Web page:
Monday, June 20, 2022

The Thing I Love About Stranger Things

It's about time we talked about the Netflix hit. 

Okay, so I am a Stranger Things fan, but even things I love can't escape my critical eye or general orneriness. So before I get into the thing I truly love about Stranger Things I want to hit some of the parts I'm not really the biggest fan of, and in theory emphasize my love through contrast. 

So spoiler warning ahead. 

Also complaining warning. 

I complain a lot. 

It's Not The Kids...

First thing I'm not a fan of are the kids in the show. While they did a great job accurately portraying how preteens-and now teens- act, especially when they're not with their parents, my issue is that it doesn't make them any less obnoxious. Their precocious shenanigans appeal to some people because they like to project themselves into the Goonies but all it makes me want to do is scream out "Get off my lawn!"

The teenagers aren't much better, since most of their motivation is the usual TV teenage "Do they like me" storylines. As our main kids have grown up over the seasons they've gone from precocious to obnoxiously love struck. Season 4 has been pushing the whole Steve/Nancy/Jonathan love triangle and frankly the "Who will Nancy choose" plot line is boring because it's been done a thousand other times. 

Note that Eleven is exempt from all of my above complaining. Her story arc is one I love watching in characters. The outsider to humanity trying to become part of is one of my favorite tropes, with others including Star Trek: The Next Generation's Data, DC Comic's Conner Kent/Superboy and the MCU's Vision. 

Also I love the adults. Hopper is my cop dad and I've missed Winona Ryder. I hope she does more after the series is over. 

... And it's not the 80's...

Despite being born in the 80's I'm a 90's kid, so I don't have a lot of nostalgia for the 80's. I think the effort the show has gone through is admirable, but whenever they pause the story for a cute 80's joke, like Lucas drinking a New Coke, I just want to move on. My least favorite part of every season is the first couple episodes when the 80's nonsense is at its highest. The same is true for other 80's nostalgia bait, like when they did it in Wonder Woman 1984. You can wear all the neon triangles and bad hair you want, I'm just not that interested.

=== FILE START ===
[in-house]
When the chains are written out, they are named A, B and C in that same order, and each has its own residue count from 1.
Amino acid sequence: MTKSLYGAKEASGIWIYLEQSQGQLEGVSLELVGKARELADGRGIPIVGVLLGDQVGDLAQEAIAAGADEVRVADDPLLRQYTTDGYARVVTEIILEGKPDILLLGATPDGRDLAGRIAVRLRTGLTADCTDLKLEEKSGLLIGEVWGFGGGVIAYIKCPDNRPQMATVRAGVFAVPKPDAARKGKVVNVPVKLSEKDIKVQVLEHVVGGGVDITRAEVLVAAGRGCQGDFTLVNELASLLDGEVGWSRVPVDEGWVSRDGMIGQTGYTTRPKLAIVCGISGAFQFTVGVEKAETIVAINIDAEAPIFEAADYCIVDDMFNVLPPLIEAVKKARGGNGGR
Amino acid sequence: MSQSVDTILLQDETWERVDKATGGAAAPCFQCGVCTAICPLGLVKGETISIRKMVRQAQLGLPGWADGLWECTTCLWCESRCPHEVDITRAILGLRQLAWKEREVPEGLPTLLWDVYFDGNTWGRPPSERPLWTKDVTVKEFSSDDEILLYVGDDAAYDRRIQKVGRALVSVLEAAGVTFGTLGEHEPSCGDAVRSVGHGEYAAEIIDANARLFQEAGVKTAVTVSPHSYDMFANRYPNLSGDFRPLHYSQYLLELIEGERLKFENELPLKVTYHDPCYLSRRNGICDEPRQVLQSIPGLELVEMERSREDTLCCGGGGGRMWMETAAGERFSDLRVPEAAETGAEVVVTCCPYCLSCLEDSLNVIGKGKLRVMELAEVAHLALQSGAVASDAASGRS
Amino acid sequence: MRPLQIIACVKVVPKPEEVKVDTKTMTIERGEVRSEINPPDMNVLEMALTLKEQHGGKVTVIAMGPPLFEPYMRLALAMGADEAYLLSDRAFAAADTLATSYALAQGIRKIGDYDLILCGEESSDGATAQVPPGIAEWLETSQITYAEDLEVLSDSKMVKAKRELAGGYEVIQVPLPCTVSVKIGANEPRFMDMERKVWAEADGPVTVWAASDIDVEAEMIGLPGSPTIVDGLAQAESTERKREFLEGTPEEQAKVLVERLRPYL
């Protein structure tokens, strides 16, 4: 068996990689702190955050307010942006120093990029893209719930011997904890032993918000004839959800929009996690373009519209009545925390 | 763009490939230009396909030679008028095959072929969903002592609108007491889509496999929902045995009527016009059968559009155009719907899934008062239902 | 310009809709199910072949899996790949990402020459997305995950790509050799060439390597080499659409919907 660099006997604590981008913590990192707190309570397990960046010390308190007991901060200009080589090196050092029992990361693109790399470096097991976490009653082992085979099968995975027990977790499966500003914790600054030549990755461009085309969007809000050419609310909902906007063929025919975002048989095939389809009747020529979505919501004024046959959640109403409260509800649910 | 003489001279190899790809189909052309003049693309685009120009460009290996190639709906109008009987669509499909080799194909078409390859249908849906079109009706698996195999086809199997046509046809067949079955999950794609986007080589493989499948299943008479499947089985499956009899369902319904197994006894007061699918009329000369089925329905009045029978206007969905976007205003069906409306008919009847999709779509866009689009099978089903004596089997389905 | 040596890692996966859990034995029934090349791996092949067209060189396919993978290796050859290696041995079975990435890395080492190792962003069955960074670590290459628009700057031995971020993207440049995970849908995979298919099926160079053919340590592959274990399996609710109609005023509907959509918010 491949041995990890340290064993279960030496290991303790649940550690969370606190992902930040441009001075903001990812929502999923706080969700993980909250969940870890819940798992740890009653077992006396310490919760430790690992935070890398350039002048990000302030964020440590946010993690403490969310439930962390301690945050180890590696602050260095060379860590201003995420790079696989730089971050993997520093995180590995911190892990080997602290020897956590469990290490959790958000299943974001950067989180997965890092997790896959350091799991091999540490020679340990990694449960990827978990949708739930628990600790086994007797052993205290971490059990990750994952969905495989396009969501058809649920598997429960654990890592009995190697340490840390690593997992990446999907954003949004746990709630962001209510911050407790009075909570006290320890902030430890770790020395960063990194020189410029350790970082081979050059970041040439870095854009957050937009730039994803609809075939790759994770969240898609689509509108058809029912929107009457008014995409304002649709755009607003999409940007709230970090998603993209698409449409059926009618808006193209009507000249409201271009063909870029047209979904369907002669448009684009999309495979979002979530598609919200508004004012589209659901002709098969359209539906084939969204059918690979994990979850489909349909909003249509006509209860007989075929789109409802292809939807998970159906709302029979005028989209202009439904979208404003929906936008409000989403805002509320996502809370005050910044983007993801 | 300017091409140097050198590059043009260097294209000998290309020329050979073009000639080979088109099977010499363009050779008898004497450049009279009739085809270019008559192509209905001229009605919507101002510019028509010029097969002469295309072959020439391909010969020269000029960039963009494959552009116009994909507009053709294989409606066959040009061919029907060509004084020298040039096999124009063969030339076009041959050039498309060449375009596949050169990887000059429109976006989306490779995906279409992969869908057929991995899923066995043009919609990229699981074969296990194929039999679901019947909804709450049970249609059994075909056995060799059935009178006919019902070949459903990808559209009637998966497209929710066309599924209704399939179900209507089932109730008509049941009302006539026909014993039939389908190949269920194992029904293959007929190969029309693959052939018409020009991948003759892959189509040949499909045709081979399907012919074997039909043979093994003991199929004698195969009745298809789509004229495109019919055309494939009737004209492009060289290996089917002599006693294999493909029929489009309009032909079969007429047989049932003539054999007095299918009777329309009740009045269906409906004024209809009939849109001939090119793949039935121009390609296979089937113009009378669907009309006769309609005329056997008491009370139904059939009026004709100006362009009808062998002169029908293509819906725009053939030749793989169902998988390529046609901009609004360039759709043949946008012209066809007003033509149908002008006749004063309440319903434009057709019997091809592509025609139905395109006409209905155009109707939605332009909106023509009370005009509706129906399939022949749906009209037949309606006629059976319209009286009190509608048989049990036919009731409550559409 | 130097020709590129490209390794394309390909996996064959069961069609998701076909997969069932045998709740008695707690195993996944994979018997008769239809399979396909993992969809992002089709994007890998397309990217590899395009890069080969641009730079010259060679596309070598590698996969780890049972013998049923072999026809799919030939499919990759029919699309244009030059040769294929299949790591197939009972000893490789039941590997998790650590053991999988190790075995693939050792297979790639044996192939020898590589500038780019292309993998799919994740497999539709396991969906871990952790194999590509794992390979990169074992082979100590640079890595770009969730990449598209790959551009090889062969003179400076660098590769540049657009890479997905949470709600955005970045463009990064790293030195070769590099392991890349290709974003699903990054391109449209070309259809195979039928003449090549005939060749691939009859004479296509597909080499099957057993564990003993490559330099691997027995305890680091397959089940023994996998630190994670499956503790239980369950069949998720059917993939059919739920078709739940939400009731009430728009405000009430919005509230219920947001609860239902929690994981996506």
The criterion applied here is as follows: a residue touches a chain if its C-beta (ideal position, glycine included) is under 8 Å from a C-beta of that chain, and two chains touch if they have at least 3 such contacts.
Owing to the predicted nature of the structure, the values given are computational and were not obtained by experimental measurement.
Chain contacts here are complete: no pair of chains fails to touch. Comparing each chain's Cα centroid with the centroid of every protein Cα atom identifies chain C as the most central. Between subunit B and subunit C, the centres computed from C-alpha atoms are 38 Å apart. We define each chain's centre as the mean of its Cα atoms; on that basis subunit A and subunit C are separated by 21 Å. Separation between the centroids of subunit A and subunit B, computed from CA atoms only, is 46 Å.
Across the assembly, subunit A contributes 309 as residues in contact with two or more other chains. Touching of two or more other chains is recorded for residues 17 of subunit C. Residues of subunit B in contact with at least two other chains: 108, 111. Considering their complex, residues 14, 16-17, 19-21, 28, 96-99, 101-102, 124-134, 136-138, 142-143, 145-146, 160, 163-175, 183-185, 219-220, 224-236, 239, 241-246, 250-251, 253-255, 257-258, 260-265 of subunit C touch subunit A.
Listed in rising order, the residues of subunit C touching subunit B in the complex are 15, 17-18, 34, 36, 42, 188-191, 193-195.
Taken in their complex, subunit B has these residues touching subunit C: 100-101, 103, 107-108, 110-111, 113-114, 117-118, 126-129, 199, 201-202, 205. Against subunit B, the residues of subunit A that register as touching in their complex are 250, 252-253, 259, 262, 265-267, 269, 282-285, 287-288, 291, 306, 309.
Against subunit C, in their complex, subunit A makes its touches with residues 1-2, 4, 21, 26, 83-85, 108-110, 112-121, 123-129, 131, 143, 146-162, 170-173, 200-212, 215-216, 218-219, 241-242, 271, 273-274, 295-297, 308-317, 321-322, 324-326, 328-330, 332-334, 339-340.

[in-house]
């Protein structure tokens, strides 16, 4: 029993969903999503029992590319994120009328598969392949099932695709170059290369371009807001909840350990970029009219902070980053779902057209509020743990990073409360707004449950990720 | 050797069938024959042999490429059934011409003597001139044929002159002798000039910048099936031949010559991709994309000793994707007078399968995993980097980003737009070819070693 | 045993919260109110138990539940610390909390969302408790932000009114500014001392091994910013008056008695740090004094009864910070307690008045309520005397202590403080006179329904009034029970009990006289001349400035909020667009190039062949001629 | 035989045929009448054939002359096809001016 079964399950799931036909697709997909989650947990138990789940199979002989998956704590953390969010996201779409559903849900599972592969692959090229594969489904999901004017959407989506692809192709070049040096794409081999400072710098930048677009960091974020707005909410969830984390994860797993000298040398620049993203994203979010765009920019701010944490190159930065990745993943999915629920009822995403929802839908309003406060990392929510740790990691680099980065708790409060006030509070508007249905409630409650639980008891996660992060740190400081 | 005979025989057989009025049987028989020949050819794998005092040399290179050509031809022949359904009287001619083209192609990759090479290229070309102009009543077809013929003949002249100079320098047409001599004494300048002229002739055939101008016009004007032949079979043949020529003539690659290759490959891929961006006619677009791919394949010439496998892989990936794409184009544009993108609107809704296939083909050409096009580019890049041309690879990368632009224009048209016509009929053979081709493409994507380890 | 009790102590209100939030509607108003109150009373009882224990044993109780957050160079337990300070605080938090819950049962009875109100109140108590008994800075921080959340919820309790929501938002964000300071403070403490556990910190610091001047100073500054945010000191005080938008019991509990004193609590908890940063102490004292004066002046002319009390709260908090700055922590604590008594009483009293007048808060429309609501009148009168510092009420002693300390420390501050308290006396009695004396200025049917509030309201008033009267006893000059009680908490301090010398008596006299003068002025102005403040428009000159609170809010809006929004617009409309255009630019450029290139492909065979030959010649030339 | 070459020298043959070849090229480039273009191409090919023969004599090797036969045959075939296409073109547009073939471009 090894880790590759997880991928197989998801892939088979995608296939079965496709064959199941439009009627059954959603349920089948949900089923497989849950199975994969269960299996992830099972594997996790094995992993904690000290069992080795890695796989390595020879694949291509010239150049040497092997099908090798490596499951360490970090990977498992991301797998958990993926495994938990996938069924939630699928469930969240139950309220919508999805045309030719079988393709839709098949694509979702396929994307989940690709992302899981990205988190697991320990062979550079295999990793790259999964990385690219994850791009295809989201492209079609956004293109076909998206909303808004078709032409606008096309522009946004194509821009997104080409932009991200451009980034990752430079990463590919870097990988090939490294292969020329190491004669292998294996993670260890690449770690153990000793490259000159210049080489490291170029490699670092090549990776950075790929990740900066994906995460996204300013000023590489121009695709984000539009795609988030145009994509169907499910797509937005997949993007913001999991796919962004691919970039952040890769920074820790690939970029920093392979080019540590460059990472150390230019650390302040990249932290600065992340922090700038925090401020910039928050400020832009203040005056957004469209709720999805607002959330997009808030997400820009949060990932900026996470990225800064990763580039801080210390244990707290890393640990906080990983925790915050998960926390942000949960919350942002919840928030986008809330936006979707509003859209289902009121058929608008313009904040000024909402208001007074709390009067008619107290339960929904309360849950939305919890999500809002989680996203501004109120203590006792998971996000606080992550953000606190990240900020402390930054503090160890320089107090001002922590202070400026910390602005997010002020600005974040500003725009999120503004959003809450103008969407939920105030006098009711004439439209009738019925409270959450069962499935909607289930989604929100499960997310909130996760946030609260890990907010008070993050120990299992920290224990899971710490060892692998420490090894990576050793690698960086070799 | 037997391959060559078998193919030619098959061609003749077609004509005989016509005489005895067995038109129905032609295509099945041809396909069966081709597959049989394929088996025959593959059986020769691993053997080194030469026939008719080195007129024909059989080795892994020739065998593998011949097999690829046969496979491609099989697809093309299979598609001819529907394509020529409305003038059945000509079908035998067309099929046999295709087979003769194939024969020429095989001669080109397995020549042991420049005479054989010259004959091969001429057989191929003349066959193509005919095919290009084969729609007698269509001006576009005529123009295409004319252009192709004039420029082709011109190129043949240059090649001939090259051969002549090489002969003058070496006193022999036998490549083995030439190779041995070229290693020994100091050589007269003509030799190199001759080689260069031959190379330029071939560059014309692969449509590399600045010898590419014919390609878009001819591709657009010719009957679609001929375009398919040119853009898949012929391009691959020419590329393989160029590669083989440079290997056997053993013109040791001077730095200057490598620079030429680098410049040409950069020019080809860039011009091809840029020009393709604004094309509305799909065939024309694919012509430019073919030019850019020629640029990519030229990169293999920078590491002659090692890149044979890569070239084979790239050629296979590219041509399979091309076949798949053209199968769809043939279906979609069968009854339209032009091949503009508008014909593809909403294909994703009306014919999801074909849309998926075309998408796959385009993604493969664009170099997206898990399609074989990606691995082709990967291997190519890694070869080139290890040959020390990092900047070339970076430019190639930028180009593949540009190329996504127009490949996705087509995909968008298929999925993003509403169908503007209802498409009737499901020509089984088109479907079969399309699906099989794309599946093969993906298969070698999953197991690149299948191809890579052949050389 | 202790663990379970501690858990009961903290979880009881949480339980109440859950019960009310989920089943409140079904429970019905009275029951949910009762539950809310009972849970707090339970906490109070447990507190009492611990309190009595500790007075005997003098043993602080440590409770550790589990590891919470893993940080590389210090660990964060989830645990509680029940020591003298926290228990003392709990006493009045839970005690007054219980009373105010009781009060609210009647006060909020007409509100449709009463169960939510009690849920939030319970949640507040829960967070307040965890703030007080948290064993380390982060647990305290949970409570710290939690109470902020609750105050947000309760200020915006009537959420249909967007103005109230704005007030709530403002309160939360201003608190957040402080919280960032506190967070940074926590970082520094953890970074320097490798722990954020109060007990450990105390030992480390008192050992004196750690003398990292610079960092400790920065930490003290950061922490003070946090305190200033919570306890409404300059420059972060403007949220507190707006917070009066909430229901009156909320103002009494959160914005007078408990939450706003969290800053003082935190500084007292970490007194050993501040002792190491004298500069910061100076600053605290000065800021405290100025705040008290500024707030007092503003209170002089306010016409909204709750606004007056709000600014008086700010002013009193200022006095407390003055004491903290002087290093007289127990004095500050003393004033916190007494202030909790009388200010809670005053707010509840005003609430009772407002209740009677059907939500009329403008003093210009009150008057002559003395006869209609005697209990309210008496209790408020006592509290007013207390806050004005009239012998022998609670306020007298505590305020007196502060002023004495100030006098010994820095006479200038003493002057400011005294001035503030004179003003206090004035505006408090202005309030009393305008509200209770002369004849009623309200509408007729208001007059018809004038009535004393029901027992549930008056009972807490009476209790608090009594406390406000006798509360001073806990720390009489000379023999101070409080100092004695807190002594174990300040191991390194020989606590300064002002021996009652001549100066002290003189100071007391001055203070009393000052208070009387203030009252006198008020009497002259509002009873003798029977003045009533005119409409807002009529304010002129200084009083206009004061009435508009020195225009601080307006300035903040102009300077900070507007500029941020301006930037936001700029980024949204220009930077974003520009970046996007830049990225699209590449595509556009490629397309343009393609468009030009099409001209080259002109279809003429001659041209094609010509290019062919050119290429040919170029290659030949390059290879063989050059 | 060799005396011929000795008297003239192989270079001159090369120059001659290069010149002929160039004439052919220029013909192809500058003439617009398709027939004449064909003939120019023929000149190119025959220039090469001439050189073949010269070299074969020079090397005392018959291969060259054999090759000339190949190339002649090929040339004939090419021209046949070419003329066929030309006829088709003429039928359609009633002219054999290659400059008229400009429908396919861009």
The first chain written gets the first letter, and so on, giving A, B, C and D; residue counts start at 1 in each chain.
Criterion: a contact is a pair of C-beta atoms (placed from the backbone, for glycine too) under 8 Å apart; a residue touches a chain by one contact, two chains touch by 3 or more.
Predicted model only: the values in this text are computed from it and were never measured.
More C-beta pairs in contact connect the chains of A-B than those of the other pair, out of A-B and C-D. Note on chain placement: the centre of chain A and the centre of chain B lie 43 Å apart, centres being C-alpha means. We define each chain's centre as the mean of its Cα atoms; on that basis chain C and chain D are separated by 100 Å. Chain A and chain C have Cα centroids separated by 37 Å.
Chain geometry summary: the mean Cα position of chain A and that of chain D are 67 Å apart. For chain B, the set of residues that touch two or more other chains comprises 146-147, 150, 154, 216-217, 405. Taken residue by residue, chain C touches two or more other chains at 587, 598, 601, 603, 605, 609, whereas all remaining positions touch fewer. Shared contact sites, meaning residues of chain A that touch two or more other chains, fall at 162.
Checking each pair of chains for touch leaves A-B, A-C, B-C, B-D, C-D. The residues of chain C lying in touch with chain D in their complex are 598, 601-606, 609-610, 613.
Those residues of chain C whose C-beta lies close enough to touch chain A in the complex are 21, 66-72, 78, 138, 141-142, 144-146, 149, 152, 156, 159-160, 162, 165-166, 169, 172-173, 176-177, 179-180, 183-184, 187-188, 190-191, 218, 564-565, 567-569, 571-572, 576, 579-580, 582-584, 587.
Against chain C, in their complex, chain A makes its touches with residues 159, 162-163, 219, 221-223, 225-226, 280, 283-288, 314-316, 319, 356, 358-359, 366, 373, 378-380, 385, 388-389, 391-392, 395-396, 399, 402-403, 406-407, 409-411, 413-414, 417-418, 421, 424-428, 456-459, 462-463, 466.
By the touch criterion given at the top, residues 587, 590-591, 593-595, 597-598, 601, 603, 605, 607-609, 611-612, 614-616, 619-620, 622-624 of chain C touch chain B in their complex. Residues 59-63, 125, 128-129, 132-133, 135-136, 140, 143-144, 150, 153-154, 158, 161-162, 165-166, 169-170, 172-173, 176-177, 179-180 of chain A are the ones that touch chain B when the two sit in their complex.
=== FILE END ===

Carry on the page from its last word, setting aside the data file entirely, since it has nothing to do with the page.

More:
...And it's Definitely Not the Dungeons and Dragons.

This may be surprising to hear from the guy who is writing a series going over every 5th edition class and how they can be better played, but the D&D stuff in Stranger Things just does not do it for me. First, it gets old explaining to non-players why mind flayers aren't 30 foot tall spider monsters. That's a minor niggle, since narratively I get it and I do find it mildly endearing, but I just get annoyed. Second, I hate the once again portrayal of Dungeons and Dragons players as outsiders and nerds. This portrayal once again pigeonholes us into the role of the outsiders, the ones on the fringes of society who are out of touch with the real world. This is better in season 4 where the outsider issue ignites paranoia against the Hellfire Club (Cool name for a D&D club) as they are suspected for being murderers. The use of the true to life satanic panic that happened at the time but with the main characters victims of the paranoia is an interesting concept, and I will withdraw this complaint if the second half of season 4 explores it further. 

It's the Cosmic Horror

What I do love about Stranger Things is that it portrays my favorite horror subgenre brilliantly: Cosmic horror. Also known as Lovecraftian horror this type of horror pits people against the great unknowable, powers so unfathomable that the only hope is to get out of their way. The Upside-Down is a perfect example of this, being an alien world with unknown motivations and mechanisms at work. We do get the idea from season 4 that One, the first child to be experimented on in the Hawkins Labs has more to do with it, and my own theories aside, this doesn't take away from the sense of overwhelming helplessness in the face of his power. Even Eleven, at arguably full power, could only banish One to the Upside-Down, not truly defeating him but sealing him away from our reality, which is straight out of the pages of H.P. Lovecraft. 

The individual parts I complained about earlier all add to the cosmic horror setting, even if individually I don't particularly care for them. The ordinary kids are an extreme juxtaposition to the powers and monsters of the Upside-Down, establishing clear differences in power between the two. The 80's setting is a familiar setting, not just for those who lived it but because of the numerous popular movies and TV shows that take place in the era that give us a general sense of what the era was like, so the familiar normality comes clashing directly against the horrors pouring out of portals. The D&D/satanic panic is analogous to the real satanic panic, where the problems of society were blamed on a simple game instead of addressing the real issues, in the show being monsters and in real life being... Well name a problem in society. 

I love Stranger Things as the sum of its parts, and because I know that for every "get off my lawn" moment, nostalgia bait moment, and cringy D&D reference, there's going to be something truly terrifying that will make it all worthwhile. 


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